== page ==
The Reason Your Homemade Fudge Is A Crumbly Mess

Certain desserts, like chocolate mousse and cheesecake, just need to be made with a specific texture in order to get them right. If you've ever had rubbery mousse or crumbly cheesecake, you know what we mean. And whether you're making classic chocolate fudge, salted caramel fudge, or old-fashioned peanut butter fudge, a key part of making this decadent treat is creating a thick, smooth consistency.

There are a few different ways to make fudge, but our recipe for classic fudge uses marshmallow fluff as the secret ingredient to ensure the perfect texture, while espresso powder enhances the chocolate flavor. However, many recipes, like our old-fashioned peanut butter fudge, use condensed milk instead, which melts with chocolate chips before setting at room temperature. Whichever way you make it, fudge generally needs to include three main components – butter, sugar, and milk – as well as any additional flavoring ingredients, such as crushed candy canes for peppermint fudge. And whether you go with marshmallow fluff or condensed milk, keep this key technique in mind to make sure your fudge comes out perfectly soft.

Follow the recipe to a tee when cooking the sugar

Certain steps in fudge recipes need to be followed exactly in order to nail down the right texture. This is because fudge requires you to crystalize the sugar a little, meaning it needs to be cooked past its boiling point. However, it's important to bring the sugar to the exact right temperature. If it doesn't boil, your fudge will end up too mushy, and if it cooks for too long, you'll end up with a dry, crumbly mess. This is why many recipes recommend using a candy thermometer, so you know exactly when to remove your mixture from the heat.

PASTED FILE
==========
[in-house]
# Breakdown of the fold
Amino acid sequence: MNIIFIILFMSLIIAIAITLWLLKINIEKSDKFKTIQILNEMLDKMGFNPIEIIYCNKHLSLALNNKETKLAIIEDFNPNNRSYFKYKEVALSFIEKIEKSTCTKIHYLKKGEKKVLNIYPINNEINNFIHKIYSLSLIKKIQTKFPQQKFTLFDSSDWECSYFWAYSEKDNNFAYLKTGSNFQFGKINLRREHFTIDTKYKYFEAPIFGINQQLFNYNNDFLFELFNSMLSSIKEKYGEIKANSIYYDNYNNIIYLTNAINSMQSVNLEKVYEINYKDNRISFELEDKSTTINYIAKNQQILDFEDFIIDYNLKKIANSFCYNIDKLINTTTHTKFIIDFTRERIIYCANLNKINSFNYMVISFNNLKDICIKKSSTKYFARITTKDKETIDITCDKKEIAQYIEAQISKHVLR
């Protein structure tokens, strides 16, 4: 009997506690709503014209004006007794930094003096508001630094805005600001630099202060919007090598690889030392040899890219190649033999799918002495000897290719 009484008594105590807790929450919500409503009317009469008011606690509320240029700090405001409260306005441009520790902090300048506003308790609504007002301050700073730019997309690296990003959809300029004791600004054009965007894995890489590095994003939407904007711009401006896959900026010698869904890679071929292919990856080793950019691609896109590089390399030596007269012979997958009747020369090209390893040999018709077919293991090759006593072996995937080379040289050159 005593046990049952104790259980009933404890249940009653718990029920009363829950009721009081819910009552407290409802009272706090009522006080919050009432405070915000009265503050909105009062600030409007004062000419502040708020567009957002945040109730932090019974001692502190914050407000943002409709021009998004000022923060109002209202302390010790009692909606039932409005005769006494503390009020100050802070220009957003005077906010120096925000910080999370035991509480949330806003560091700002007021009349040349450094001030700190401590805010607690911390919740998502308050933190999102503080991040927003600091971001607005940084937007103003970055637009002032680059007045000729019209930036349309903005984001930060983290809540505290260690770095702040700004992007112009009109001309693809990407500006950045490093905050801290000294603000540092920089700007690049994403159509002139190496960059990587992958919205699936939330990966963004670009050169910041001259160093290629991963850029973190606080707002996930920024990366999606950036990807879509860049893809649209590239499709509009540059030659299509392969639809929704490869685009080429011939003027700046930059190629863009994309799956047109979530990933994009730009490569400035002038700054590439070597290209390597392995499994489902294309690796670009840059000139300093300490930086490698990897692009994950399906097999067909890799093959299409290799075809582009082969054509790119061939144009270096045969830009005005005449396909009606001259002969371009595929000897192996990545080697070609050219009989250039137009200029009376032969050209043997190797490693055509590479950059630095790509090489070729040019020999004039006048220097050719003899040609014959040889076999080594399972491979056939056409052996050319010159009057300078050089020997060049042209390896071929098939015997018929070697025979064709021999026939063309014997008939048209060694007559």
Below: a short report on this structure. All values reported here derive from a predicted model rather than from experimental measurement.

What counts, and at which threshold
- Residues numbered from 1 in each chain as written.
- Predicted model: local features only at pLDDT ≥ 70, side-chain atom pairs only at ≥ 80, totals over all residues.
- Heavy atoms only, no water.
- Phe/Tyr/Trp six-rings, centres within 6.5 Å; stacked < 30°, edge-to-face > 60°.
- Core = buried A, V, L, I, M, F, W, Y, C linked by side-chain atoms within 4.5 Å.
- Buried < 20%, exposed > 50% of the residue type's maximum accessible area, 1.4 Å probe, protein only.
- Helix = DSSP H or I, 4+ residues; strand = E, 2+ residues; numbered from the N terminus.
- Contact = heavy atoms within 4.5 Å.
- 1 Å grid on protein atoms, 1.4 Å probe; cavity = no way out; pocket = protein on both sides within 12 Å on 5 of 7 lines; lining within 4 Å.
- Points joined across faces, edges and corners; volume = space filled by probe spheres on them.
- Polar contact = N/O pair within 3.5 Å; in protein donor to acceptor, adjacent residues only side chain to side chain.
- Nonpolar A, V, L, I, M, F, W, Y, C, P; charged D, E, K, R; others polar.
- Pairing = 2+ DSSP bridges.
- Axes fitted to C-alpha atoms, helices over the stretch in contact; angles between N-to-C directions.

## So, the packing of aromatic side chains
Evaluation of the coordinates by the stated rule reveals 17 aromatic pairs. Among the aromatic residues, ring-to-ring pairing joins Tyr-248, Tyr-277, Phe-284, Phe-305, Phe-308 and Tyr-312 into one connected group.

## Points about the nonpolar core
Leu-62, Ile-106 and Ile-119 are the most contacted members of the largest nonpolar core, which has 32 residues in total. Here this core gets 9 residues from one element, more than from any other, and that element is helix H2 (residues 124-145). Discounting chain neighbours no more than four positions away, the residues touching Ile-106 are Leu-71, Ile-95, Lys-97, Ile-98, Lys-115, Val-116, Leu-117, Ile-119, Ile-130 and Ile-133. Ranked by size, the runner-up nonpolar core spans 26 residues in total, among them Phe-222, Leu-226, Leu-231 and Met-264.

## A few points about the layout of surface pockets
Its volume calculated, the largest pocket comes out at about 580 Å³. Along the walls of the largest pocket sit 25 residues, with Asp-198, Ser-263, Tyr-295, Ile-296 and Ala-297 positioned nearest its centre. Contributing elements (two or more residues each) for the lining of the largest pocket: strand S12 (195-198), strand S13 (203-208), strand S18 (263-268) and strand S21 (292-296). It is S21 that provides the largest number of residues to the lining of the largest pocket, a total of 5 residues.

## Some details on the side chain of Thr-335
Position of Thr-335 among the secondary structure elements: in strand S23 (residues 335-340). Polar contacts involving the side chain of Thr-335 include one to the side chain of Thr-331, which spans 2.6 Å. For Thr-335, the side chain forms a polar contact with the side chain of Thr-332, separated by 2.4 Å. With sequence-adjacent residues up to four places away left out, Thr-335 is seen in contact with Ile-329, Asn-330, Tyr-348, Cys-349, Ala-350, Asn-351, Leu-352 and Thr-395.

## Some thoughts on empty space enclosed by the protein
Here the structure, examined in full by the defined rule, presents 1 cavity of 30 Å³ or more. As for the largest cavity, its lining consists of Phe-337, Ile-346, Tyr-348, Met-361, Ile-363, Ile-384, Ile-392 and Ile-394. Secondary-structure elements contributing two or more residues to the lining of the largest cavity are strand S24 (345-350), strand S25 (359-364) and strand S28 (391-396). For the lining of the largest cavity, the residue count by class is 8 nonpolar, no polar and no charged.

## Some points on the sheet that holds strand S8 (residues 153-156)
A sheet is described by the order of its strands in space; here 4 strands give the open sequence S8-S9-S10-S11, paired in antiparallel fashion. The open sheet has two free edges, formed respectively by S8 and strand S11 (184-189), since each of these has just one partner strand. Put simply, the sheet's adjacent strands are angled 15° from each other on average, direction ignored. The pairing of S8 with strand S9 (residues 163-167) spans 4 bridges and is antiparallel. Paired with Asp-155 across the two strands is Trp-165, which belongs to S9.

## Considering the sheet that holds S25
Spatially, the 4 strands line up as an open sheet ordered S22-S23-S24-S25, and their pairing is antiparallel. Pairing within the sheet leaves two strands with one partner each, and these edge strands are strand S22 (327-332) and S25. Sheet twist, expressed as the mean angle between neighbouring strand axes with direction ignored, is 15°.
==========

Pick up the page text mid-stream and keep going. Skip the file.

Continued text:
In our recipe for classic chocolate fudge, for example, sugar should be boiled with butter, evaporated milk, and espresso powder for exactly 5 minutes — no more, no less. You may be tempted to play it safe and pull your pot off the stove early, but resist that inclination, as the sugar needs time to fully dissolve. Likewise, some of the liquid needs to evaporate while the sugar turns into a syrup – 237 to 239 degrees Fahrenheit is generally when you know you're good to go.

If you follow the recipe precisely and your fudge still isn't quite right, check that your candy thermometer is working properly. Or, if using the candy thermometer and working with the sugar proves too difficult, look for a simple recipe that only uses chocolate chips, butter, and sweetened condensed milk, as these tend to be easier for fudge beginners.